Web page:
You have your Camargue set up very similar to how my Long Haul Trucker is set up, and I can attest to the utility of mustache bars. For me, they took a little getting used to, but now that I am - they're great. I imagine the Camargue rides somewhat more lively than an LHT. I'm still tempted by the Camargue, but I think if I ever replace my Trucker, it'll be with an Ogre.

    Have you had a chance to take it offroad yet? I might have asked you that way back when you first got it.

    1. Hi John,

      Thanks for the comment and feedback. No off road time on the Camargue yet, and I don't expect anything soon: with the fenders and relatively skinny tires, I don't think it would be an especially relaxing ride.

      I've been tempted by the Ogre in the past, but man, I hate track ends.

  2. I enjoyed reading your thoughts Eric...I've been thinking about a camargue frame for a gravel/tour build at some point.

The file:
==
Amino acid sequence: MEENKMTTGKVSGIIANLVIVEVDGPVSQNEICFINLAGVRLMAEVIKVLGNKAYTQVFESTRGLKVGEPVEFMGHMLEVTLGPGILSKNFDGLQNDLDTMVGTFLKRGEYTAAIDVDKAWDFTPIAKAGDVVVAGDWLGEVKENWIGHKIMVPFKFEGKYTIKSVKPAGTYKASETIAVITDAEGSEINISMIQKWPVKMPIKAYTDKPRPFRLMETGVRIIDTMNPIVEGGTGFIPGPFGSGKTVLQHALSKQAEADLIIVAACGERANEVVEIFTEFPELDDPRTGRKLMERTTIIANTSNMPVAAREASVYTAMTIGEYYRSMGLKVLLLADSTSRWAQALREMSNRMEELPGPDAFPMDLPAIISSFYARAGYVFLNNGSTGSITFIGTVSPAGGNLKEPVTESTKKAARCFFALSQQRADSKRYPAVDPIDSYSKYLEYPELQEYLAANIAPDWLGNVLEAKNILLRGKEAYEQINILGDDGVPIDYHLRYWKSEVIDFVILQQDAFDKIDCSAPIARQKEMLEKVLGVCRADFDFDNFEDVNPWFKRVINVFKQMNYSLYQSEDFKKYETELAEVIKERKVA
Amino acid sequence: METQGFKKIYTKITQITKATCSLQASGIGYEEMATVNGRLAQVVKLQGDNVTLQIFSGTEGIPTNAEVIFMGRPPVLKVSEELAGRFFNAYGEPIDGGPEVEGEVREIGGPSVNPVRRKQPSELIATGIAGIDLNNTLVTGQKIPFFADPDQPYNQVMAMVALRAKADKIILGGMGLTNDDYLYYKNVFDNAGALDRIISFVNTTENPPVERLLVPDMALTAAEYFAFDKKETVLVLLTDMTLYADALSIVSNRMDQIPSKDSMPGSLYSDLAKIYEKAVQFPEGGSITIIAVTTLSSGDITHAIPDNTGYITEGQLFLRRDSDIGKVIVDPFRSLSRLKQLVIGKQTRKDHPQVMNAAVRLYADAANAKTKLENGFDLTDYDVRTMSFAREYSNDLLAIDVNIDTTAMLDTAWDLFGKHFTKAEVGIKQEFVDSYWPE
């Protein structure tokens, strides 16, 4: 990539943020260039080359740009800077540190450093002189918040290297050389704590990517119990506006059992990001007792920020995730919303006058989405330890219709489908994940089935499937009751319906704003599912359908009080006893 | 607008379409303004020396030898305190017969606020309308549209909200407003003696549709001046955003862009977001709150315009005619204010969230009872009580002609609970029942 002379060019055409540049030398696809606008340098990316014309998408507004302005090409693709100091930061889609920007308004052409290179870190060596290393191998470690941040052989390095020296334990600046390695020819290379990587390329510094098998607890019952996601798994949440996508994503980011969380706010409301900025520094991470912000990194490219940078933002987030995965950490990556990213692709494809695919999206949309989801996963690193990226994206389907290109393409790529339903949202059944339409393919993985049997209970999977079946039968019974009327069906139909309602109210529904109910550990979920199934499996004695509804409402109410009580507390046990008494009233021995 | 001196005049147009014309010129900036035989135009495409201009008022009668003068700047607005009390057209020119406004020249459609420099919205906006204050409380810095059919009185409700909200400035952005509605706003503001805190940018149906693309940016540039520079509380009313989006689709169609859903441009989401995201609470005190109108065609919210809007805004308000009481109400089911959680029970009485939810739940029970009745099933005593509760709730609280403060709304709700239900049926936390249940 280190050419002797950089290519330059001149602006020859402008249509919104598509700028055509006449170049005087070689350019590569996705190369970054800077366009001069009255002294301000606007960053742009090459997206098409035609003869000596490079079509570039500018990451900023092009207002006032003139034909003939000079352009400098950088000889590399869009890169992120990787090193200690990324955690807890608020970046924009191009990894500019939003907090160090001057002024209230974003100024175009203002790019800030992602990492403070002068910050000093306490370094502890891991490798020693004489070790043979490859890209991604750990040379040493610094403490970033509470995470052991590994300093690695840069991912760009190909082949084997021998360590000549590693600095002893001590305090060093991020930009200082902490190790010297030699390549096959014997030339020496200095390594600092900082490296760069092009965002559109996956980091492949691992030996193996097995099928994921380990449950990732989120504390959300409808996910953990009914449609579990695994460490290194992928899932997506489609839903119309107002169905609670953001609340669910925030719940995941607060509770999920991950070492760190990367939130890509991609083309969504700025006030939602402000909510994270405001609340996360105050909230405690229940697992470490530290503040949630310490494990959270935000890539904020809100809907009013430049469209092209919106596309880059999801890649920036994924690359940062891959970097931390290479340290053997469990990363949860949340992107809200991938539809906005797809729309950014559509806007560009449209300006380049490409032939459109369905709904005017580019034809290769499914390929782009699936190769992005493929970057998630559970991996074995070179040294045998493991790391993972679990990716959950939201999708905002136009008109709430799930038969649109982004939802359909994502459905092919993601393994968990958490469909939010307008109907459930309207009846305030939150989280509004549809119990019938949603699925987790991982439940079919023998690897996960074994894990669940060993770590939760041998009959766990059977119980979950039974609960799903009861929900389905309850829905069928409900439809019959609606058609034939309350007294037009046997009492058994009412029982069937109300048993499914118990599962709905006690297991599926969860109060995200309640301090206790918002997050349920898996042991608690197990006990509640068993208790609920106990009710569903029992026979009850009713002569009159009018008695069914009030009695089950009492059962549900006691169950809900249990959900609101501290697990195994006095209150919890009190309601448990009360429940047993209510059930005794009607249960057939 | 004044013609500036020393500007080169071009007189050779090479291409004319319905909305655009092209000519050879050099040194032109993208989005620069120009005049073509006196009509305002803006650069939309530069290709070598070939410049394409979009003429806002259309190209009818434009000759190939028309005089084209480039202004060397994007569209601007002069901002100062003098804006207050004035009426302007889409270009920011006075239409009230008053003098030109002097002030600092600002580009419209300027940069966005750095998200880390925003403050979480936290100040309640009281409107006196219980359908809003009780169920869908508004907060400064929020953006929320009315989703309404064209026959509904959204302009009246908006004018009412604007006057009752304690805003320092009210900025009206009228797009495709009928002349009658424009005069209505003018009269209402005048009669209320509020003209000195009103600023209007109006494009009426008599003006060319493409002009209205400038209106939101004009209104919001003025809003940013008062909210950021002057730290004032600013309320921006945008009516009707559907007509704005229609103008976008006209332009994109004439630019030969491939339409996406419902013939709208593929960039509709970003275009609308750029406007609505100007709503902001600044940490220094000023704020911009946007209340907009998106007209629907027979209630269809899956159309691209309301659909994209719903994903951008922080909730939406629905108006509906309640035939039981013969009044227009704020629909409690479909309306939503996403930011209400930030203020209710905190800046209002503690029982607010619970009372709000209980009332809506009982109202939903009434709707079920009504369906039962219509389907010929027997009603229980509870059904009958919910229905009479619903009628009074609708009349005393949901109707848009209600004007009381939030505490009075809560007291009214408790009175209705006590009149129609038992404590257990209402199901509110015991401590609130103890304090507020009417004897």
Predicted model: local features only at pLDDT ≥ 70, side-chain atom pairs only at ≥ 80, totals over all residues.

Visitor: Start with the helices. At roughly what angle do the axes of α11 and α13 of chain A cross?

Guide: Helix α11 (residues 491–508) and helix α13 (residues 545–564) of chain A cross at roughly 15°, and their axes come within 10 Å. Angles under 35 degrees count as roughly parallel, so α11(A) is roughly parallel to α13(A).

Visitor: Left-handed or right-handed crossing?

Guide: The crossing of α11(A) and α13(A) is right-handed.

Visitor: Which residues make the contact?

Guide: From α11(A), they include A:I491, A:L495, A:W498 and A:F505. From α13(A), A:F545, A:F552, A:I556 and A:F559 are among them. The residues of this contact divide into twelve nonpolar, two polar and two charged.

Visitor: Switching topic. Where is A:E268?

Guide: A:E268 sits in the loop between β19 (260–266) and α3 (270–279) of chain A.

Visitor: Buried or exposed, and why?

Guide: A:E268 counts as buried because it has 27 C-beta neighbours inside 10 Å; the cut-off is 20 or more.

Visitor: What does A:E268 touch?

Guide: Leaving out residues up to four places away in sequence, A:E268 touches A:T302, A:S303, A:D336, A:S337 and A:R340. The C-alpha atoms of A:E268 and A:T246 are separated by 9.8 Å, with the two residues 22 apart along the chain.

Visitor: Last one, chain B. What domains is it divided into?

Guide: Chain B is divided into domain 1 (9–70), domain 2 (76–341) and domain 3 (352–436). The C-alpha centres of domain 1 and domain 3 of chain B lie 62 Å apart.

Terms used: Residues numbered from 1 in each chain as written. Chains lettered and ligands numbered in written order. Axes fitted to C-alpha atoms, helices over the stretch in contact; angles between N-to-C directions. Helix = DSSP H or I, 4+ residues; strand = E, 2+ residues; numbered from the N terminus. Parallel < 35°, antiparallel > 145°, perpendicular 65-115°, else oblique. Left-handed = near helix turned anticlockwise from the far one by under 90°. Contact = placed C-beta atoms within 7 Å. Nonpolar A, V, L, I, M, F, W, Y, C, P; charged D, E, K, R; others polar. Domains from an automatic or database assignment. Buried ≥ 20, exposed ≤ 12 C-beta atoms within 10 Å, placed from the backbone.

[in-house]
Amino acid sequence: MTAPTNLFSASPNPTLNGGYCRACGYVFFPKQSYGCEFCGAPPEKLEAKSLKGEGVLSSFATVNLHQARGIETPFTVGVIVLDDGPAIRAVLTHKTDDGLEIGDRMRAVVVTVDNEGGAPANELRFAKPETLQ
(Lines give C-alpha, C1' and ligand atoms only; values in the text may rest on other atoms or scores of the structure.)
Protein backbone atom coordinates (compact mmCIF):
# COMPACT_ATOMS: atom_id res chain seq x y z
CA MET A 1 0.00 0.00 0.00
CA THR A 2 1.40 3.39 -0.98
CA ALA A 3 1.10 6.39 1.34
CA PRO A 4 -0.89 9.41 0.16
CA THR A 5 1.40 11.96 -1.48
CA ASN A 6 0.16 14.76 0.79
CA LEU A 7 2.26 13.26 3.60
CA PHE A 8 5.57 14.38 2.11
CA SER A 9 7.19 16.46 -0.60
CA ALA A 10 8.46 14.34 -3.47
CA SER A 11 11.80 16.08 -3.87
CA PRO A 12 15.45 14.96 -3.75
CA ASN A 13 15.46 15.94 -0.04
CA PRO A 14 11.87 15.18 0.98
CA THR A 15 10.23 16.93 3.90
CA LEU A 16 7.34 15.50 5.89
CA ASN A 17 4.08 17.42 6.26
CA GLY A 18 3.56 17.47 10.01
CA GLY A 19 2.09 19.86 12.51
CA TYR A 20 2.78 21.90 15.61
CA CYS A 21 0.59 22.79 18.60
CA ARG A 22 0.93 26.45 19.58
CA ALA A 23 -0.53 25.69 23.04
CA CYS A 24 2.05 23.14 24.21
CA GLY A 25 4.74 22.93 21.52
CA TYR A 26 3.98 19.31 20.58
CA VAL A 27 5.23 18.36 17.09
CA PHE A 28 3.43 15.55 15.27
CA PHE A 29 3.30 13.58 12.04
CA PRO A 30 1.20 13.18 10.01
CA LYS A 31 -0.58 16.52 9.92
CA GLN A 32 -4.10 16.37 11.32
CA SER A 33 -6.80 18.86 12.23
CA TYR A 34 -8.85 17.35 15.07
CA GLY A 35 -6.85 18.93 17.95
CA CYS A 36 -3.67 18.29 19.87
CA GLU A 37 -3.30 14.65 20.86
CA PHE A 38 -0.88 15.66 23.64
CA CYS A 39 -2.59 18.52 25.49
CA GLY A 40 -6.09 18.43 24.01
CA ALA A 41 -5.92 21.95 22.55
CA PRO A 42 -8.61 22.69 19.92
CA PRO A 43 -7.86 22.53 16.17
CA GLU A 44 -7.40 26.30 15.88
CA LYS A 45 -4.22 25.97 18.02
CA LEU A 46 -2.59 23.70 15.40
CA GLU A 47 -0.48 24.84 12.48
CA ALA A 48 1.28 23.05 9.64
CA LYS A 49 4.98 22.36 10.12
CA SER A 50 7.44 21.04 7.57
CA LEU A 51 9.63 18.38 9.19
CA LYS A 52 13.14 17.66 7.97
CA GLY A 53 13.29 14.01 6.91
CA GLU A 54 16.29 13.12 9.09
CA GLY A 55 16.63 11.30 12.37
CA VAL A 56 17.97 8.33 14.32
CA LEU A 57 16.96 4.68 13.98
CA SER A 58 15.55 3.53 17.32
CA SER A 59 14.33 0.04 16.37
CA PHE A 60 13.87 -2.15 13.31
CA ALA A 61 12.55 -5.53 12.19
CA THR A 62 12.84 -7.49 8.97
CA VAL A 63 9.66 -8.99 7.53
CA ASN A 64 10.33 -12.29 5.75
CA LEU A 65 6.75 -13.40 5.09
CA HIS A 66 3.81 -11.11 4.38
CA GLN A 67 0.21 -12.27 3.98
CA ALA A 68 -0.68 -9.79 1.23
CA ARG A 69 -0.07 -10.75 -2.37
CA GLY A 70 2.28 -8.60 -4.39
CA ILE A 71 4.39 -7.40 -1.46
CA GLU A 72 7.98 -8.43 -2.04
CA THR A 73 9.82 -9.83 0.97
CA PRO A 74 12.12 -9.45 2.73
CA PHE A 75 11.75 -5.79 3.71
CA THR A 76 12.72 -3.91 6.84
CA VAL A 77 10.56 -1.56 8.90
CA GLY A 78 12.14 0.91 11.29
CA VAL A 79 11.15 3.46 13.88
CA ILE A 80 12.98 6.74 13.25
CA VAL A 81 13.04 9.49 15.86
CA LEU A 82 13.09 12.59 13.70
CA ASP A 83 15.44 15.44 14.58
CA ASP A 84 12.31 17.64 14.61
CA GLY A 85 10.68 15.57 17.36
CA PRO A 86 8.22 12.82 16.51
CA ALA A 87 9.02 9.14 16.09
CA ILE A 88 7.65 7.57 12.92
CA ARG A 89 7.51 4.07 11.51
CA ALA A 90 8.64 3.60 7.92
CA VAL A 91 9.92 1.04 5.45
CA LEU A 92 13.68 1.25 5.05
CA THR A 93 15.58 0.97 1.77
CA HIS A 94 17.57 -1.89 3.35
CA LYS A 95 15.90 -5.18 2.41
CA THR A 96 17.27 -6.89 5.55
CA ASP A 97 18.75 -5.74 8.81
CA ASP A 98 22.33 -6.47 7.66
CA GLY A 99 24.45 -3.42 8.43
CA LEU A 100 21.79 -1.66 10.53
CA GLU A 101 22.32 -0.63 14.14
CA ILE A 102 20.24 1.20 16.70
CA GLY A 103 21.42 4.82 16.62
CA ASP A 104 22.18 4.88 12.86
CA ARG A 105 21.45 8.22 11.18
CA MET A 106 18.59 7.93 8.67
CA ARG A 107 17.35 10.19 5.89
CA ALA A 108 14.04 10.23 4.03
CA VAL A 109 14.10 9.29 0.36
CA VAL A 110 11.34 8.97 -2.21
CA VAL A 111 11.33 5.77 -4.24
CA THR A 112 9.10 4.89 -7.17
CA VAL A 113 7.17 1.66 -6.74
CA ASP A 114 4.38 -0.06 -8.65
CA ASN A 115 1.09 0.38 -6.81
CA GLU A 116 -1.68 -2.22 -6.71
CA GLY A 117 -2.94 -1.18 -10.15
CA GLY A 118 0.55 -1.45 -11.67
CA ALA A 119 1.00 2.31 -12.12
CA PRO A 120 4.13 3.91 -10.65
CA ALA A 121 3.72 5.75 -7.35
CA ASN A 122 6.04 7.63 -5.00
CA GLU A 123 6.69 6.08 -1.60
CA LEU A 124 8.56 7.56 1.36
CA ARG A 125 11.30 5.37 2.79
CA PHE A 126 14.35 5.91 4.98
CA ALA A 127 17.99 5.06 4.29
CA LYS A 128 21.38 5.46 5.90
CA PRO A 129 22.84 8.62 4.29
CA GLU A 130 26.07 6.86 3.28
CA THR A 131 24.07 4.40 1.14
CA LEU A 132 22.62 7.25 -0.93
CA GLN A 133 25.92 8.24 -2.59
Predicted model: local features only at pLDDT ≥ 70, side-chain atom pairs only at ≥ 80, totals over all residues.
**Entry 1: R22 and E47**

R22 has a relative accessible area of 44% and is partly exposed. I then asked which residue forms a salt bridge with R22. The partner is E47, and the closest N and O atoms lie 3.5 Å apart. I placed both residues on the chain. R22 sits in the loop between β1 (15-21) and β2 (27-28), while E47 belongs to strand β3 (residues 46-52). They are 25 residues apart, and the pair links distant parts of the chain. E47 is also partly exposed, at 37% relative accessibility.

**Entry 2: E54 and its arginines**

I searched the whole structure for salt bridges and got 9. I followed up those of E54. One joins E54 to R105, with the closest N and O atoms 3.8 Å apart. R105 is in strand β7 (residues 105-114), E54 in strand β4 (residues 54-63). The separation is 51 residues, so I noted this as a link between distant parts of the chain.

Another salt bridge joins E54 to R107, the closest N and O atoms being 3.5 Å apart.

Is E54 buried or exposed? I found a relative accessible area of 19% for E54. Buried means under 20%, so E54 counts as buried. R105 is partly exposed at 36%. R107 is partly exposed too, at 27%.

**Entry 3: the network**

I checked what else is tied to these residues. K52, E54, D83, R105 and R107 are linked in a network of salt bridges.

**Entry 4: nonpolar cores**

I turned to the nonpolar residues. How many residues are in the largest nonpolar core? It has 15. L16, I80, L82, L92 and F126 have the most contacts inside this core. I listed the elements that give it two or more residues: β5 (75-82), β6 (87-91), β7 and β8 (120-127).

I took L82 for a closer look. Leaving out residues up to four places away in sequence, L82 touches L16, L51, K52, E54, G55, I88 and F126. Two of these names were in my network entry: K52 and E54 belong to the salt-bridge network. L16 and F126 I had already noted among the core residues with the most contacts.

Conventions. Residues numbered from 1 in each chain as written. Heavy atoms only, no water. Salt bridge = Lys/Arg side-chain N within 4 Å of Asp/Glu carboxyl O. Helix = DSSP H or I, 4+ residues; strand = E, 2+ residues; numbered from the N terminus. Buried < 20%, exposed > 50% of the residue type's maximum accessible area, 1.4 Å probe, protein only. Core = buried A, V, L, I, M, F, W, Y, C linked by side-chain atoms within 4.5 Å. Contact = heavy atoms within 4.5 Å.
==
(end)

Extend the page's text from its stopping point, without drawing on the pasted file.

One debate I'm still having is whether to do drop bars and sti levers or mtb bars/shifters. Other than looks, what did you think of your titec h bar? Did you find you could tuck in effectively on those front extensions? Is that part of the bar comfortable for an extended period?


    1. Hi Ben,
      I wasn't overwhelmed by the H bars (actually, they're on my for sale page). The cross piece is too far rearward, which makes it awkward to place the shifters--they have to go in front of the cross piece, which puts them a long reach away.
      I recently installed a Jones H bar on my new/old/vintage Stumpjumper, and I think that's quite a bit better bar... it's rivaling the Albastache for handlebar affection. The forward positions are a lot more comfortable than the H bar, and the cross bar is repositioned to give more useful positions on the bar. I'm starting to think about a nicer frame to build the Loop bars around!